OLYMPIA, Wash. — The Washington State Supreme Court ruled Friday that a capital gains tax is constitutional, reversing a lower court’s ruling.
In the court’s majority opinion, Justice Debra L. Stephens wrote that the capital gains tax is appropriately characterized as an excise tax because it is levied on the sale or exchange of capital assets and not the assets or gains themselves.
“This understanding of the tax is consistent with a long line of precedent recognizing excise taxes as those levied on the exercise of rights associated with property ownership, such as the power to sell or exchange property, in contrast to property taxes levied on property itself,” Stephens wrote.
Two justices on the nine-member State Supreme Court dissented – Sheryl Gordon McCloud and Charles W. Johnson.
"There's nothing better in a state then when you can bring more fairness amongst our members of our blessed community, and that's what happened here today," said Gov. Jay Inslee.
Republican Sen. Lynda Wilson said the ruling surprised her.
"Every other state in the union and the IRS still calls it (capital gains) an income tax," said Wilson.
She said while the Constitution still prevents legislators from enacting an income tax, she expects Democrats to lower the threshold for the capital gains tax and perhaps pursue other taxes.
"I do believe the people should be on guard," said Wilson. "We should be vigilant in watching what's going on."
The tax on the state's top investment earners passed in 2021. It was expected to raise hundreds of millions for education in a state that supporters of the tax say relies too heavily on sales tax.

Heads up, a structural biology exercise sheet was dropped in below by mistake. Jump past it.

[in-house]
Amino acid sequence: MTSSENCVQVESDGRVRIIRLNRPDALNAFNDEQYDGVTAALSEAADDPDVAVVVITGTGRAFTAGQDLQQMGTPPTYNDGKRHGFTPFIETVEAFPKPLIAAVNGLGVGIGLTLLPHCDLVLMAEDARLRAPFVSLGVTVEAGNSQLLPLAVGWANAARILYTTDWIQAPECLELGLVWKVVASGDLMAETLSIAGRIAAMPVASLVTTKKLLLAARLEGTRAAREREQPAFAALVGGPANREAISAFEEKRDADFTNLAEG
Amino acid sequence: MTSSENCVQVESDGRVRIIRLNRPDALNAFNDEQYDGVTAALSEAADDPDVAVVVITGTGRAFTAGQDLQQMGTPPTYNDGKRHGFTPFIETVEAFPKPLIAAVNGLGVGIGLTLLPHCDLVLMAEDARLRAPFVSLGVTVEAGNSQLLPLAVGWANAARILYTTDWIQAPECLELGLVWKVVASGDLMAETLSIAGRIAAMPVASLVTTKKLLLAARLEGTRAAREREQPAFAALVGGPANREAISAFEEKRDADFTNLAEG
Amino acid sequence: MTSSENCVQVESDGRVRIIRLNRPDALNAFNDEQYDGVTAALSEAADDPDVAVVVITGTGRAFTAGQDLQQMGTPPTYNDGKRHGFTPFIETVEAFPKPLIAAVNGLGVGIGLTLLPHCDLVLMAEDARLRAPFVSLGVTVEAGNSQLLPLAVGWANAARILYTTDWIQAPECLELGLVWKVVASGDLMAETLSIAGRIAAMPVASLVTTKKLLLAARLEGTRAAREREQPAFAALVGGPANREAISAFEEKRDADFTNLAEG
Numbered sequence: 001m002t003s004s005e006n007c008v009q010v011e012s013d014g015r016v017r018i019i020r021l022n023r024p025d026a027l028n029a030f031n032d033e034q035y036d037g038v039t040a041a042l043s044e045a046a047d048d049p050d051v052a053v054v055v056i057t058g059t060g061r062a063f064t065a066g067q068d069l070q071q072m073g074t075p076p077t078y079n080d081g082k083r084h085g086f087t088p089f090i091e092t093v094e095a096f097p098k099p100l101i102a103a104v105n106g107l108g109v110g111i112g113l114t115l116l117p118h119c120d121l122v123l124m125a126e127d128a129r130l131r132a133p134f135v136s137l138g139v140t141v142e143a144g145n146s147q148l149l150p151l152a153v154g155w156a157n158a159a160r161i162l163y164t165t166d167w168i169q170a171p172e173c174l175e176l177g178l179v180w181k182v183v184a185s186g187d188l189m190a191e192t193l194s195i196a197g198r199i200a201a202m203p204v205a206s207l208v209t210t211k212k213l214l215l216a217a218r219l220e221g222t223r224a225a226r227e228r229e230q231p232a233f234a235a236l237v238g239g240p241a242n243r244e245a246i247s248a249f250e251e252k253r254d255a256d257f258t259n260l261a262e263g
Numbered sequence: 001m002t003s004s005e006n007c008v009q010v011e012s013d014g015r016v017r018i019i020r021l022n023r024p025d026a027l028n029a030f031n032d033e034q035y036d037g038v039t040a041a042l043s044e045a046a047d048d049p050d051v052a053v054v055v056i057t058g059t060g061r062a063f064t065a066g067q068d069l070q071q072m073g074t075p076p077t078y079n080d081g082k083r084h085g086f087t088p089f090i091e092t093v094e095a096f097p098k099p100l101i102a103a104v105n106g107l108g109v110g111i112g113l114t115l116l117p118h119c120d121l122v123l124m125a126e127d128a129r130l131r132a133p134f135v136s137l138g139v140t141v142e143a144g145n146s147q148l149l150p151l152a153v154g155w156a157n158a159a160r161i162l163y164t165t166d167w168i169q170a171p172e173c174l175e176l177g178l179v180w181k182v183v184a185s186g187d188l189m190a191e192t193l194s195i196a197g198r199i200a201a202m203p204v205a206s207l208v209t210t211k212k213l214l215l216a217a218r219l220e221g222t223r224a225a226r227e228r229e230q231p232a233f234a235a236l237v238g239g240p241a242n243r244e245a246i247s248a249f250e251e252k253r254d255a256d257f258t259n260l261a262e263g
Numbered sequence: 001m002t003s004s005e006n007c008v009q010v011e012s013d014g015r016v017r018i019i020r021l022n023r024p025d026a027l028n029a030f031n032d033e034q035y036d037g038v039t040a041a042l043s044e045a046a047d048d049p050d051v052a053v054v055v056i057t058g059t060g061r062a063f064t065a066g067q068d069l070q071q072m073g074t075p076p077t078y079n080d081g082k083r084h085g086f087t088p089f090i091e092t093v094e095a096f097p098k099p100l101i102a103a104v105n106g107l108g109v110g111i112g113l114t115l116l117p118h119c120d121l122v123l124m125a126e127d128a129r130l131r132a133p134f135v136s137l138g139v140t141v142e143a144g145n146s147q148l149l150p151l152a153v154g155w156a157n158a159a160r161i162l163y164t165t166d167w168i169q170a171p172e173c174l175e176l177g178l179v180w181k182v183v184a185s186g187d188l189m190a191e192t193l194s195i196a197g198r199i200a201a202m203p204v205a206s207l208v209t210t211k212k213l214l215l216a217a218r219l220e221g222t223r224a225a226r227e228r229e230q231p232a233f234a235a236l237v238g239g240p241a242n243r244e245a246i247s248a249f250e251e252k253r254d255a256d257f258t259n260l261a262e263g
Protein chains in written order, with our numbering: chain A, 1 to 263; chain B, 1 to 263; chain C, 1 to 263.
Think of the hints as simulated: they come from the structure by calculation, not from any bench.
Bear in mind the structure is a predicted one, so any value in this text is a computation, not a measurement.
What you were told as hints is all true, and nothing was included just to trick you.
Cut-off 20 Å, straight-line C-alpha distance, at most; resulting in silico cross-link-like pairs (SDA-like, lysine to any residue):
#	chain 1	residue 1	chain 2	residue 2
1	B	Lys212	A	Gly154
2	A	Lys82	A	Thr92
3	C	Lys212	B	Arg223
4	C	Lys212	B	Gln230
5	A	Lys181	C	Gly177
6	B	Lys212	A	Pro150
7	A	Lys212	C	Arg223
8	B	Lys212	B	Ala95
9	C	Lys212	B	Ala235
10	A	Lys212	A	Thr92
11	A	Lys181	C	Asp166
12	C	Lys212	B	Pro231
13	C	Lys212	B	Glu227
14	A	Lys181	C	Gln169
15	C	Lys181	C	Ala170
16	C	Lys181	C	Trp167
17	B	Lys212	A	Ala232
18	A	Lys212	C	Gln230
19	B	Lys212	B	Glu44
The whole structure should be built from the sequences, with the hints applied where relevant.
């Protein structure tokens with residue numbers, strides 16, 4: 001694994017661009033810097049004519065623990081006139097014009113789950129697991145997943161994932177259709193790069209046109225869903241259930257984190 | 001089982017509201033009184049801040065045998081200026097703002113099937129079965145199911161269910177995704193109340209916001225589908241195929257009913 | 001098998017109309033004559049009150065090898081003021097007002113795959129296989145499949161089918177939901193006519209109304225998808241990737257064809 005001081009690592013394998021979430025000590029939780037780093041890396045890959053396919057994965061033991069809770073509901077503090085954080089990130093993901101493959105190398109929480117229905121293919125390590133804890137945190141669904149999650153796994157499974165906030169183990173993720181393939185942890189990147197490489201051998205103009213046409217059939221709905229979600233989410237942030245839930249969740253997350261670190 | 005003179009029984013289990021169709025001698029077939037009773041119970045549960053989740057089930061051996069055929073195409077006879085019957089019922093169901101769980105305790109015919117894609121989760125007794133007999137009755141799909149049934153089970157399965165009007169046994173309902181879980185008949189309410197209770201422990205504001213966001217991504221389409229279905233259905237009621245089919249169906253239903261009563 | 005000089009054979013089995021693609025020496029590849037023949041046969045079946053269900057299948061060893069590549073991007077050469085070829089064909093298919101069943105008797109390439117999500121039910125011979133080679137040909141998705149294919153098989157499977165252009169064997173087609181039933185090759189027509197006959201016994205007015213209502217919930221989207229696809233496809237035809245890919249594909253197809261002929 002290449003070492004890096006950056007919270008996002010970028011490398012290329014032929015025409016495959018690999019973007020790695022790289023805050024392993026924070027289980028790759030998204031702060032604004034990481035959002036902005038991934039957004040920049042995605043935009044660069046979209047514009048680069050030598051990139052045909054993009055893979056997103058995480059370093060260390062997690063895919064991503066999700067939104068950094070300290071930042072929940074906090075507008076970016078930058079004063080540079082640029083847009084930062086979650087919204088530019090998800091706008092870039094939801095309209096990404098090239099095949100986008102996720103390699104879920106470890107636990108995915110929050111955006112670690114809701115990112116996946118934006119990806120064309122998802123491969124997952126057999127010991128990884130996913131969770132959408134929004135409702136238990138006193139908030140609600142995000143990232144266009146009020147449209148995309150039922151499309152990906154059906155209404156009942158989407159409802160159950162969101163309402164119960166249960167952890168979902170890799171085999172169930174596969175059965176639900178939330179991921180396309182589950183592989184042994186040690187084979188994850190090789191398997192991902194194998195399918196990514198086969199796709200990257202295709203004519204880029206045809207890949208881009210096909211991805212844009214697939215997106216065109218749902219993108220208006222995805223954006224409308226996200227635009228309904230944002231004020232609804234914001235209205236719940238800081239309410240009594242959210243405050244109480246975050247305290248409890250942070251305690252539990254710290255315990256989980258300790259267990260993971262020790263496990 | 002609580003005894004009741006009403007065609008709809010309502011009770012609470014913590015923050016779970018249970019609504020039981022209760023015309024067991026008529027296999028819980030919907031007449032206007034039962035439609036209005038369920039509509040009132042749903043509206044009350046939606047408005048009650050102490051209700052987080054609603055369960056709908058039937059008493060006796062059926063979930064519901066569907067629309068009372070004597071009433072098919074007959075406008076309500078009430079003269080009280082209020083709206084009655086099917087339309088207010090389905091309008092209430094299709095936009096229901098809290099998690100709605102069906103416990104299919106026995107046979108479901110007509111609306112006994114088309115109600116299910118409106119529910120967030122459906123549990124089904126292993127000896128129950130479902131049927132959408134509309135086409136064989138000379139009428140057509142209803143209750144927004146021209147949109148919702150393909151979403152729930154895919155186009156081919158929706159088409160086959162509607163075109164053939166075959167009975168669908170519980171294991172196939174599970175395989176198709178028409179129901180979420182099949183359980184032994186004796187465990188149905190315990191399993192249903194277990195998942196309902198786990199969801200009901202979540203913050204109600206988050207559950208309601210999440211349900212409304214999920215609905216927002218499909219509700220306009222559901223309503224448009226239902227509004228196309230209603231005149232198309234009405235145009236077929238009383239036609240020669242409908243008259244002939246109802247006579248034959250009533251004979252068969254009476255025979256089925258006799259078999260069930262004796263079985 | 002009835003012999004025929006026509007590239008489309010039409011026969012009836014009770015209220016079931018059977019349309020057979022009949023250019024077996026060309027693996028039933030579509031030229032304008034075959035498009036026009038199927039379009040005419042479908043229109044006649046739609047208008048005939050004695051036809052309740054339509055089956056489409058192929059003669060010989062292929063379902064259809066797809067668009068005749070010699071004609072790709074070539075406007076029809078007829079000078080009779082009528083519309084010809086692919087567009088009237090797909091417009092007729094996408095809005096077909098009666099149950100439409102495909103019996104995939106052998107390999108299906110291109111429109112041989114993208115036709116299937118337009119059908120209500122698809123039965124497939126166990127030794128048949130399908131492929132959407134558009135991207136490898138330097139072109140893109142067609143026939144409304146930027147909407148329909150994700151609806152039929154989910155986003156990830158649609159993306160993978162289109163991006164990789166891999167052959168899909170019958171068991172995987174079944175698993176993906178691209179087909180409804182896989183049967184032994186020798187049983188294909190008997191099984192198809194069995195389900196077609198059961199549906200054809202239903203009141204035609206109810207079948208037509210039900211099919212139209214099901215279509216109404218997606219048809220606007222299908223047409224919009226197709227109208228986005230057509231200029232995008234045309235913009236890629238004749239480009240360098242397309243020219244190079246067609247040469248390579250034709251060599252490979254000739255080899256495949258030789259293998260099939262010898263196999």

However, critics argued the capital gains tax is a form of income tax – prohibited by Washington state's Constitution.
In March of 2022, Douglas County Superior Court Judge Brian Huber agreed with opponents, ruling it was an unconstitutional tax on income.
Huber cited several elements of the law that he said “show the hallmarks of an income tax rather than an excise tax," including reliance on federal IRS tax returns that must be filed by Washington residents, the fact it is levied annually instead of at the time of the transaction, and that it is based on an aggregate calculation of capital gains over the course of a year.
State Attorney General Bob Ferguson said his office would appeal the ruling, sending the decision to the state Supreme Court.
“There’s a great deal at stake in this case, including funding for early learning, child care programs and school construction," he wrote at the time. “Consequently, we will continue defending this law enacted by the peoples’ representatives in the Legislature.”
The measure passed in 2021 imposed a 7% tax on the sale of stocks, bonds and other high-end assets in excess of $250,000 for both individuals and couples.
The tax took effect Jan. 1, 2022. First payments are due on or before April 18.
Under the State Supreme Court's ruling, Washington can continue collecting taxes on the state's top investment earners.
It was projected to bring in $415 million in 2023, the first year the state would see money from the tax.
Supporters of the tax say that Washington — one of a handful of states with no income tax on wages — leans too heavily on its sales tax, disproportionately affecting those with less income. When the governor signed the new tax into law last May, Washington joined 41 states plus the District of Columbia in having a capital gains tax.
Retirement accounts, real estate, farms and forestry were all exempt from the tax. Business owners were also exempt from the tax if they are regularly involved in running the business for five of the previous 10 years before they sell, own it for at least five years, and gross $10 million or less a year before the sale.
Under the new law, taxpayers could deduct up to $100,000 a year from their capital gains if they made more than $250,000 in charitable donations in the same tax year, something Huber cited in his ruling, noting that like “an income tax and unlike an excise tax, the new tax statute includes a deduction for certain charitable donations the taxpayer has made during the tax year.”